Would You Like Some Rose- and Lemon-Scented Tomatoes in Your Salad?
In a BARD Fund-supported study, scientists have genetically engineered a tomato variety that exudes rose and lemon aromas. Their impressive achievement has received wide attention by the international press, as well as radio and Internet publicity.
Who has not heard the lamentation that tomatoes are not as flavorsome as they used to be? This loss is due to farmers selecting plant varieties that produce more attractive fruit with a longer shelf life at the inadvertent cost of flavor. A collaborative team of Israeli and US scientists have initiated a long term project, supported by BARD Fund, to explore the possibility of using genetic engineering tools to enhance the aroma and taste of fruits. The researchers believe that their research will help improve the quality of fruit and vegetables available at the local greens grocer.
The scientists' research method involves searching for taste and fragrance enhancing genes in aromatic flowers and spice plants, and genetically engineering these genes into the tomato plant, their model system. They have successfully isolated the genes that control the synthesis of two monoterpenes "geraniol" and "citral," from the lemon-basil plant. These two metabolites are among the most important compounds influencing the flavor of tomatoes and their products, and they possess very pleasant fragrances: Geraniol has a sweet rose scent, while citral has a lemon-like aroma. These compounds also have the added benefit of exhibiting antibacterial, anti-fungal, insecticidal, herbicidal, and anti-parasitic properties.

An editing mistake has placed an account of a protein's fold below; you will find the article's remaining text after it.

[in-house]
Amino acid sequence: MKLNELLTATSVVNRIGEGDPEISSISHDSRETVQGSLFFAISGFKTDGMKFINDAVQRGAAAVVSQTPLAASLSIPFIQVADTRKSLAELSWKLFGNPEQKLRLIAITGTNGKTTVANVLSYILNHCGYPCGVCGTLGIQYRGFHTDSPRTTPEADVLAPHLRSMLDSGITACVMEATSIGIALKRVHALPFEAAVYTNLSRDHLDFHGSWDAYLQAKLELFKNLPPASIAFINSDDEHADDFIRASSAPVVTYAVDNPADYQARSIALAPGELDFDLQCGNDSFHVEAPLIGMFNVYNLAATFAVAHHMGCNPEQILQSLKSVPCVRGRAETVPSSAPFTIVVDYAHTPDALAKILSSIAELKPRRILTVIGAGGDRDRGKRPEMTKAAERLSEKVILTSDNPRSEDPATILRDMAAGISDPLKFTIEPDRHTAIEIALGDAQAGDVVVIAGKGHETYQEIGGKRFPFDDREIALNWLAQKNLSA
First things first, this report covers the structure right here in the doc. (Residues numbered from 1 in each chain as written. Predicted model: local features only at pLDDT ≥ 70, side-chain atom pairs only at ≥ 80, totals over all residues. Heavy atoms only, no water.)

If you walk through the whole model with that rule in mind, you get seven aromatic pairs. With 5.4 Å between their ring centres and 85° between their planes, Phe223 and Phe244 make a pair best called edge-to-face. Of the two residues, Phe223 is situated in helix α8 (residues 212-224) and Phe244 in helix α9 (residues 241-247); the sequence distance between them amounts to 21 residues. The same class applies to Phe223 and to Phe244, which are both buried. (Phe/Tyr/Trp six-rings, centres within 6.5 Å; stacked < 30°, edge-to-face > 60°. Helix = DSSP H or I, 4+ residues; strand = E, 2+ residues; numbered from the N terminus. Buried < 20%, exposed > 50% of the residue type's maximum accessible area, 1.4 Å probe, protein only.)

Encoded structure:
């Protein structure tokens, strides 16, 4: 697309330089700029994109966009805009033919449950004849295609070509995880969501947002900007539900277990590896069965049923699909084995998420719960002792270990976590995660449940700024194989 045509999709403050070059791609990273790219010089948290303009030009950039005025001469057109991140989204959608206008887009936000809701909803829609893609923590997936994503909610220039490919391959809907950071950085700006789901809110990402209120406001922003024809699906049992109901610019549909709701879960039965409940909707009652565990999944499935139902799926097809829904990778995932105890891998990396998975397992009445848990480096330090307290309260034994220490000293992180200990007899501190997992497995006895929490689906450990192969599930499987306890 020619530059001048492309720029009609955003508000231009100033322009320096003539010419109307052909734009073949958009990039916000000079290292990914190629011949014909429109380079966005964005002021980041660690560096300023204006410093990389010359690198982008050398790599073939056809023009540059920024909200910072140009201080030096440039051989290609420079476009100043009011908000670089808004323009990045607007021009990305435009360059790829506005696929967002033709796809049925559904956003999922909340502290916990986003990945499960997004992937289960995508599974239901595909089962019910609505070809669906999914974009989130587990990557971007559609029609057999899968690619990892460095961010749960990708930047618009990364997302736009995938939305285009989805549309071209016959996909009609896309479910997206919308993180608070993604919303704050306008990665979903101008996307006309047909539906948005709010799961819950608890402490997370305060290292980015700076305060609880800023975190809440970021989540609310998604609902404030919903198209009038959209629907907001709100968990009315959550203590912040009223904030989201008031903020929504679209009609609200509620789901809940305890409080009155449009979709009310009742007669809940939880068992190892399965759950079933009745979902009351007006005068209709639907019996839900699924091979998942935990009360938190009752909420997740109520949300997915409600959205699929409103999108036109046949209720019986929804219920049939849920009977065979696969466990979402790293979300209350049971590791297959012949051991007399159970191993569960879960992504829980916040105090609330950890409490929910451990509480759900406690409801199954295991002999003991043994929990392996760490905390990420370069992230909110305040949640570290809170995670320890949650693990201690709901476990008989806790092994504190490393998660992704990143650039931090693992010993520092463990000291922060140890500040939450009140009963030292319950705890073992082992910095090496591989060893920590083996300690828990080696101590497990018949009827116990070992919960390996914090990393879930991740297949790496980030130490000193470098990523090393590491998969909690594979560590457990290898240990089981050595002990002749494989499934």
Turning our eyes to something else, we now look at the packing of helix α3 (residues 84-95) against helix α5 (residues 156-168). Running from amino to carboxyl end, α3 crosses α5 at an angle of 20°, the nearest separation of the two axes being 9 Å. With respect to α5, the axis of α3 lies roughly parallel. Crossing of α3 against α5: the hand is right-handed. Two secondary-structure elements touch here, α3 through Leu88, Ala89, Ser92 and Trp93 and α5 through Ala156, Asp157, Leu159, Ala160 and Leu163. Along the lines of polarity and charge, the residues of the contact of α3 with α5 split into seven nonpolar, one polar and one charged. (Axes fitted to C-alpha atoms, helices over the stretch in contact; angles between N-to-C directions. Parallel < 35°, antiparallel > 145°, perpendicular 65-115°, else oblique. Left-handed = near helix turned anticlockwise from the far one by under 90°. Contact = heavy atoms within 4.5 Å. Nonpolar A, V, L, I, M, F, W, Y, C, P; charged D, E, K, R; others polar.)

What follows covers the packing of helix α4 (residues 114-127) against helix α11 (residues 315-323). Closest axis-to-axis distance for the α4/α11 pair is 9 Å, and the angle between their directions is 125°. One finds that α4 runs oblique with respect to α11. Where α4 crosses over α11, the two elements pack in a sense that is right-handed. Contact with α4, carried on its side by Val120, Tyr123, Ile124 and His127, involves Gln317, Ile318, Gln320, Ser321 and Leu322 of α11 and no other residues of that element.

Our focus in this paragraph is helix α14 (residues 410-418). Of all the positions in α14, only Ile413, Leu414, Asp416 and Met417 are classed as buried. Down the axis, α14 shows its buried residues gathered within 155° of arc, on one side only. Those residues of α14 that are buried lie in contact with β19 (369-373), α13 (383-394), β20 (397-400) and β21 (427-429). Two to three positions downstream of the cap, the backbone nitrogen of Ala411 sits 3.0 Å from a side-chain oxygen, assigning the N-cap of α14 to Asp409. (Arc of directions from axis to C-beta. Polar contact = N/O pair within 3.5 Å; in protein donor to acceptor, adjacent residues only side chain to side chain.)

Advancing one-step further, the scientists have genetically engineered these genes into tomato plants. The result was a tomato variety that is both rose and lemon scented. Besides the distinct aromas, the scientists observed that these tomatoes are normal in every other respect, except for accumulating less lycopene, a natural red pigment. A subsequent survey of non-trained tasters revealed that about 95% of the panelists could easily distinguish between the regular and rose-and lemon-scented tomatoes, with 60% preferring the fragrance-enhanced variety.
The team has also been working on genetically engineering another lemon-basil enzyme, called ZIS, into the tomato fruit. Their initial results indicate that this plant's fruits accumulate significant levels of a number of savor-enhancing compounds, and that the tomato's overall aroma and taste were likewise enhanced.
The Core Group of Scientists:
- Efraim Lewinsohn, Volcani Center, Israel
- Natalia Dudareva, Purdue University, IN, USA
- Sitrit, Yaron, Ben-Gurion University of the Negev, Israel
- Eran Pichersky, University of Michigan, USA
- James Simon, Rutgers, The State University of New Jersey, USA